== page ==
A liquidity-constrained entrepreneur needs to raise capital to fi-nance a business activity that may cause injuries to third parties — the tort victims. Taking the level of borrowing as fixed, the entrepreneur finances the activity with senior debt in order to shield assets from the tort victims in bank-ruptcy. Interestingly, senior debt serves the interests of society more broadly: it creates better incentives for the entrepreneur to take precautions than either ju-nior debt or outside equity. Unfortunately, the entrepreneur will raise a socially excessive amount of senior debt, reducing his incentives for care and generat-ing wasteful spending. Giving tort victims priority over senior debtholders in bankruptcy prevents over-leveraging but leads to suboptimal incentives. Lender liability exacerbates the incentive problem even further. A Limited Subordina-tion Rule, where the firm may issue senior debt up to an exogenous limit after which any further borrowing is treated as junior to the tort claim, dominates these alternatives. Mandatory liability insurance and punitive damages are also discussed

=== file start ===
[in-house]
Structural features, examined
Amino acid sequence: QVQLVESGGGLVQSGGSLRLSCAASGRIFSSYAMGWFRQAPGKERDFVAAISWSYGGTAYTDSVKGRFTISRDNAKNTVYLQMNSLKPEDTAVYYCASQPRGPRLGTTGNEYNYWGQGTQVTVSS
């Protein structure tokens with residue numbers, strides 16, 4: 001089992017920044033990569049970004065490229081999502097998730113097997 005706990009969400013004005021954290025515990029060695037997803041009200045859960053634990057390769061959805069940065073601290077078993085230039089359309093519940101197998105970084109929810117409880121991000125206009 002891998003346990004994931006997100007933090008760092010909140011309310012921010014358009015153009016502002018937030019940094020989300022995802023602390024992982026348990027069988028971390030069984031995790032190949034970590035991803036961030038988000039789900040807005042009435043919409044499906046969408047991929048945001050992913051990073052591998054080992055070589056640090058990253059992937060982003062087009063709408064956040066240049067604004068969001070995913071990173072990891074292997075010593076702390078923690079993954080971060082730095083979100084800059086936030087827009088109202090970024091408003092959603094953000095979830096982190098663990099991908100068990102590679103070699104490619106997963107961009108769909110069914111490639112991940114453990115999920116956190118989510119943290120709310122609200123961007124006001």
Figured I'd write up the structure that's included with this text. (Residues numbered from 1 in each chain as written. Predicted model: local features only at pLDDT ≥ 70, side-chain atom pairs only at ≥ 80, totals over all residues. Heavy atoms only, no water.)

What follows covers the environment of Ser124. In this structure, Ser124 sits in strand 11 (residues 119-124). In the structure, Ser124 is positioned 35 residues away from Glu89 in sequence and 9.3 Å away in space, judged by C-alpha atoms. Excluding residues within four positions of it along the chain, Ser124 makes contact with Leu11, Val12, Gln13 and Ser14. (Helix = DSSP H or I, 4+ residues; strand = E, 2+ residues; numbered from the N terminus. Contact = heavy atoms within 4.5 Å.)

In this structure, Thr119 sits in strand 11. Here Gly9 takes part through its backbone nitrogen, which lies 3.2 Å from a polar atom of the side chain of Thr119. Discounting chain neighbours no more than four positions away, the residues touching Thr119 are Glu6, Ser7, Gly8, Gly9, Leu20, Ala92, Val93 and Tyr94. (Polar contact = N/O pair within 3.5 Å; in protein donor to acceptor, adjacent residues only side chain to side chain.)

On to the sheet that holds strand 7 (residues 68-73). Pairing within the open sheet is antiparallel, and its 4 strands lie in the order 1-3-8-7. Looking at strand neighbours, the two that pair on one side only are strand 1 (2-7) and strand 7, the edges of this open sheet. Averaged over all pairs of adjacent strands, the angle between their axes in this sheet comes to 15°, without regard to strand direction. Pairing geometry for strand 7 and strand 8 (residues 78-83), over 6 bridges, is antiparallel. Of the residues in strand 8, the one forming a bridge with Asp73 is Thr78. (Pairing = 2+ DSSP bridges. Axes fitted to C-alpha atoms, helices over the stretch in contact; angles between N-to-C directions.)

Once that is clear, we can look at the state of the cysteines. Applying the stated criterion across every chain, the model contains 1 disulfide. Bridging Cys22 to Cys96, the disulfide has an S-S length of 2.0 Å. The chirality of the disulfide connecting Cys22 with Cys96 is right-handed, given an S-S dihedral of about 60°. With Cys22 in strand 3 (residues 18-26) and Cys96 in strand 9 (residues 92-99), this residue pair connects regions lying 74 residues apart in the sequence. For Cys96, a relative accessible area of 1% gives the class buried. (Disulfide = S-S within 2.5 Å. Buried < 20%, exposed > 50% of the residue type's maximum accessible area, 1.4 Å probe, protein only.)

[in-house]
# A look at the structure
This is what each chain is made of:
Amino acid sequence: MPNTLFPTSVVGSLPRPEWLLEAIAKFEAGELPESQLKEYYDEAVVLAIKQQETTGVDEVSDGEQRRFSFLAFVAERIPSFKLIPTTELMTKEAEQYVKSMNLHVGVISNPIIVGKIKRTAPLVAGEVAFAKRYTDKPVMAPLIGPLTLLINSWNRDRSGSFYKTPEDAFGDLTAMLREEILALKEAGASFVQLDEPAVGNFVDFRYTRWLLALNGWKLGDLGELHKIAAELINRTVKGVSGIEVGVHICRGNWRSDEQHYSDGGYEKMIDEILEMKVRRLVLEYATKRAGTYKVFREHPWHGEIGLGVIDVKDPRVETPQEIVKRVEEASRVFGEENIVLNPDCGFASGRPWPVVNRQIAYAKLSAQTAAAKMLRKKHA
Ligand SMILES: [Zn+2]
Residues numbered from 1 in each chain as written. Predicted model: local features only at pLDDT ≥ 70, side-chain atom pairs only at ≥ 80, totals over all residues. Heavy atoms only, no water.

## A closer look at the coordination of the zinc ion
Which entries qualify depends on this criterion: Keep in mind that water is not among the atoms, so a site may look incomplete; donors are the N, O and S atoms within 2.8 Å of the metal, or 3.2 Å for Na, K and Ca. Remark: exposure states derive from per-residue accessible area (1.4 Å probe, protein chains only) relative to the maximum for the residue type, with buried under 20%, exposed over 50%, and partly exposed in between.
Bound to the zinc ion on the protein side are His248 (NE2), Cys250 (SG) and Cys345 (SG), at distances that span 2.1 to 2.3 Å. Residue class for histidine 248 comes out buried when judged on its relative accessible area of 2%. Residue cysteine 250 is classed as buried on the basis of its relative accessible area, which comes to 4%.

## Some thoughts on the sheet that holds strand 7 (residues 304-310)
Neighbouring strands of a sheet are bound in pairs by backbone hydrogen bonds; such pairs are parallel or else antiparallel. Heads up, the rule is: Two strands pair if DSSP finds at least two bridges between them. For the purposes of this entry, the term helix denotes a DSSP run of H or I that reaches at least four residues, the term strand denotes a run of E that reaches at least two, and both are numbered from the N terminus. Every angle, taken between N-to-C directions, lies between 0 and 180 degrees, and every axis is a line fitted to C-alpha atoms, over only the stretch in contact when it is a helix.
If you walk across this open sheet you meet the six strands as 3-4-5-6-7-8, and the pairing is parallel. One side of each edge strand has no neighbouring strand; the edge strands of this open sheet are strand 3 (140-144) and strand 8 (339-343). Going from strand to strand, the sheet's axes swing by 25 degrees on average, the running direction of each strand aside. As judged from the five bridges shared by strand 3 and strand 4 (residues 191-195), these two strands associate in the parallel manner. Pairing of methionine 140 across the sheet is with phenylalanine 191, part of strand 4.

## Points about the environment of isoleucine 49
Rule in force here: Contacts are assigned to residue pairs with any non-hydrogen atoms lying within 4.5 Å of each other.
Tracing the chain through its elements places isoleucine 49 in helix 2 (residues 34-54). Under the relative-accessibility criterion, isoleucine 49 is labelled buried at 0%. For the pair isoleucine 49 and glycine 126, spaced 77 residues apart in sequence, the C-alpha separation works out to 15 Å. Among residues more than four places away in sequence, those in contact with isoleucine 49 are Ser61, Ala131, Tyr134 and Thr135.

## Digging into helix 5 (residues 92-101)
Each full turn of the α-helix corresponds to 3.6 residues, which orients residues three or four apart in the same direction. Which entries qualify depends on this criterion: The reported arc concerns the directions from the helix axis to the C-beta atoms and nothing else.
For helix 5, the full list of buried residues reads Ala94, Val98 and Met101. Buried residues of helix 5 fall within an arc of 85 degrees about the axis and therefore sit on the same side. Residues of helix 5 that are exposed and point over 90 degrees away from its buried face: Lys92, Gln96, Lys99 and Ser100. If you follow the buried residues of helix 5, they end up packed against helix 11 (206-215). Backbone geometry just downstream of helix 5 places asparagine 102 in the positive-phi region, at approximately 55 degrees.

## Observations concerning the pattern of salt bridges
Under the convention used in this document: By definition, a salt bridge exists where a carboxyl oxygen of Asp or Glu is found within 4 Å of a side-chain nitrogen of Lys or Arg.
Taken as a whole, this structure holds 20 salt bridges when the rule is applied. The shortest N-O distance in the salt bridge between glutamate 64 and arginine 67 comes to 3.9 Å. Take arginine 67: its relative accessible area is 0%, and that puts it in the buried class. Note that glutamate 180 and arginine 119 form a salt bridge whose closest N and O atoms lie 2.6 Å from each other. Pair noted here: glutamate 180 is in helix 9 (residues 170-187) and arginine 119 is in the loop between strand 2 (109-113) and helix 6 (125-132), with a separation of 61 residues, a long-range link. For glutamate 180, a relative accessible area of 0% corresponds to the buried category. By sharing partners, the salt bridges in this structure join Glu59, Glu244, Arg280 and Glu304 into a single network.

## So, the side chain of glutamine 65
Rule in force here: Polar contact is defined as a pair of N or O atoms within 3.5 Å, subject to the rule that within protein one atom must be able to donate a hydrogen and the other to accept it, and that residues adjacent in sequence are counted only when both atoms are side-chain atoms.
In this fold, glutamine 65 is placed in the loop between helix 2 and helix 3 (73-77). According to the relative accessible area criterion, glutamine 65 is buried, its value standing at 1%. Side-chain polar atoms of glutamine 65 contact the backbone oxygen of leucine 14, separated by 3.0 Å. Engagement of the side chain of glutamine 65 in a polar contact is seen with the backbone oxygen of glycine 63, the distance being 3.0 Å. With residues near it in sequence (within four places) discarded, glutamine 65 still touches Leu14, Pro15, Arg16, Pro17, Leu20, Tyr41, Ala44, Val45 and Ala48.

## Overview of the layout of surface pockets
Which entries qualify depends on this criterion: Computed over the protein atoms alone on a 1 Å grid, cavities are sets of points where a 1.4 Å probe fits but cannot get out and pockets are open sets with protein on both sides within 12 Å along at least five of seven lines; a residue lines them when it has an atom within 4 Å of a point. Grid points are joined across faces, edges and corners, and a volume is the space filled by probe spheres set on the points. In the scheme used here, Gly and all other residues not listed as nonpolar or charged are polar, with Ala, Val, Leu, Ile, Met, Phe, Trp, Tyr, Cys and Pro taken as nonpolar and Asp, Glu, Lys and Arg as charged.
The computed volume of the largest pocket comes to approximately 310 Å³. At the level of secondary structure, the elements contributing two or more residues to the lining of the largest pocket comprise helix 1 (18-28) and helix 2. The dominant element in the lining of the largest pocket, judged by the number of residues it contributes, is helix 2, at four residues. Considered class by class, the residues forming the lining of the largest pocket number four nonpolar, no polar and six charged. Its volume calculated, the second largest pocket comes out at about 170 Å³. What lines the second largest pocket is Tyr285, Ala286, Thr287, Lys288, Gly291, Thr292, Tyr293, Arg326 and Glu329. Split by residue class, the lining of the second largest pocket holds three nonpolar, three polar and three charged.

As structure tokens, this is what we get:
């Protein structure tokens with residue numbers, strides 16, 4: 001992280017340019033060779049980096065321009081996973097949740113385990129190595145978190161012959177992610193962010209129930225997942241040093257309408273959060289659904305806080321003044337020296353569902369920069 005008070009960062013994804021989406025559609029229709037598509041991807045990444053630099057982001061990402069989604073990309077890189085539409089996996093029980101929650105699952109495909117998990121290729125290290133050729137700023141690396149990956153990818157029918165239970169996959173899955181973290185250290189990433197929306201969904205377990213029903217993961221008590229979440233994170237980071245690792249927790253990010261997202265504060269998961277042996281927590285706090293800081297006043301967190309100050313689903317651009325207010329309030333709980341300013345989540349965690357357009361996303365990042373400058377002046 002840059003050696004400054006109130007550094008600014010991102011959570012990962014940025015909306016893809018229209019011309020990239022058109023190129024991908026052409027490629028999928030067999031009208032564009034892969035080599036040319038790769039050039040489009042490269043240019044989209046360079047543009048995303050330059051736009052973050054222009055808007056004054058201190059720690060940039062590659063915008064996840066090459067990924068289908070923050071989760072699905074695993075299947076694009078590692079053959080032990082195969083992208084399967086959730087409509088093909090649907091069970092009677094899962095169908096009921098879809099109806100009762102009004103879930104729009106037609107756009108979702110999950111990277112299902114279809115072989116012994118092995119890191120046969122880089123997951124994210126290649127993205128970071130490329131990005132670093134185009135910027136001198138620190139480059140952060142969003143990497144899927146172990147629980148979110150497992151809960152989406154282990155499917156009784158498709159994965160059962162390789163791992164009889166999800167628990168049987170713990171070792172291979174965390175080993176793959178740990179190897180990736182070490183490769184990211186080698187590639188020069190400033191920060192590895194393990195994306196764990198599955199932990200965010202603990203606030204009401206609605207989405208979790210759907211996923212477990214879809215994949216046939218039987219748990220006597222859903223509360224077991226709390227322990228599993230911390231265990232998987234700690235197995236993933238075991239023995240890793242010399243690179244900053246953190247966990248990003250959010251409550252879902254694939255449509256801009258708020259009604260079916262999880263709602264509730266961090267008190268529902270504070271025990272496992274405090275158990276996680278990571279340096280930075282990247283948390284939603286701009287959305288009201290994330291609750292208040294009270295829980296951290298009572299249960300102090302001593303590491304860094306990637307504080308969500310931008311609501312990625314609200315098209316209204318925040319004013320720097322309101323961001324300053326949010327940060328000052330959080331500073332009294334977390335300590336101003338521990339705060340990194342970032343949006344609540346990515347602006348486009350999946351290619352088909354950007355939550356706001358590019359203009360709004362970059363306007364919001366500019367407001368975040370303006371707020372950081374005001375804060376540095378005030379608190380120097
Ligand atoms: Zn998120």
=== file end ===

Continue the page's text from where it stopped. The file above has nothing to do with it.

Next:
To submit an update or takedown request for this paper, please submit an Update/Correction/Removal Request.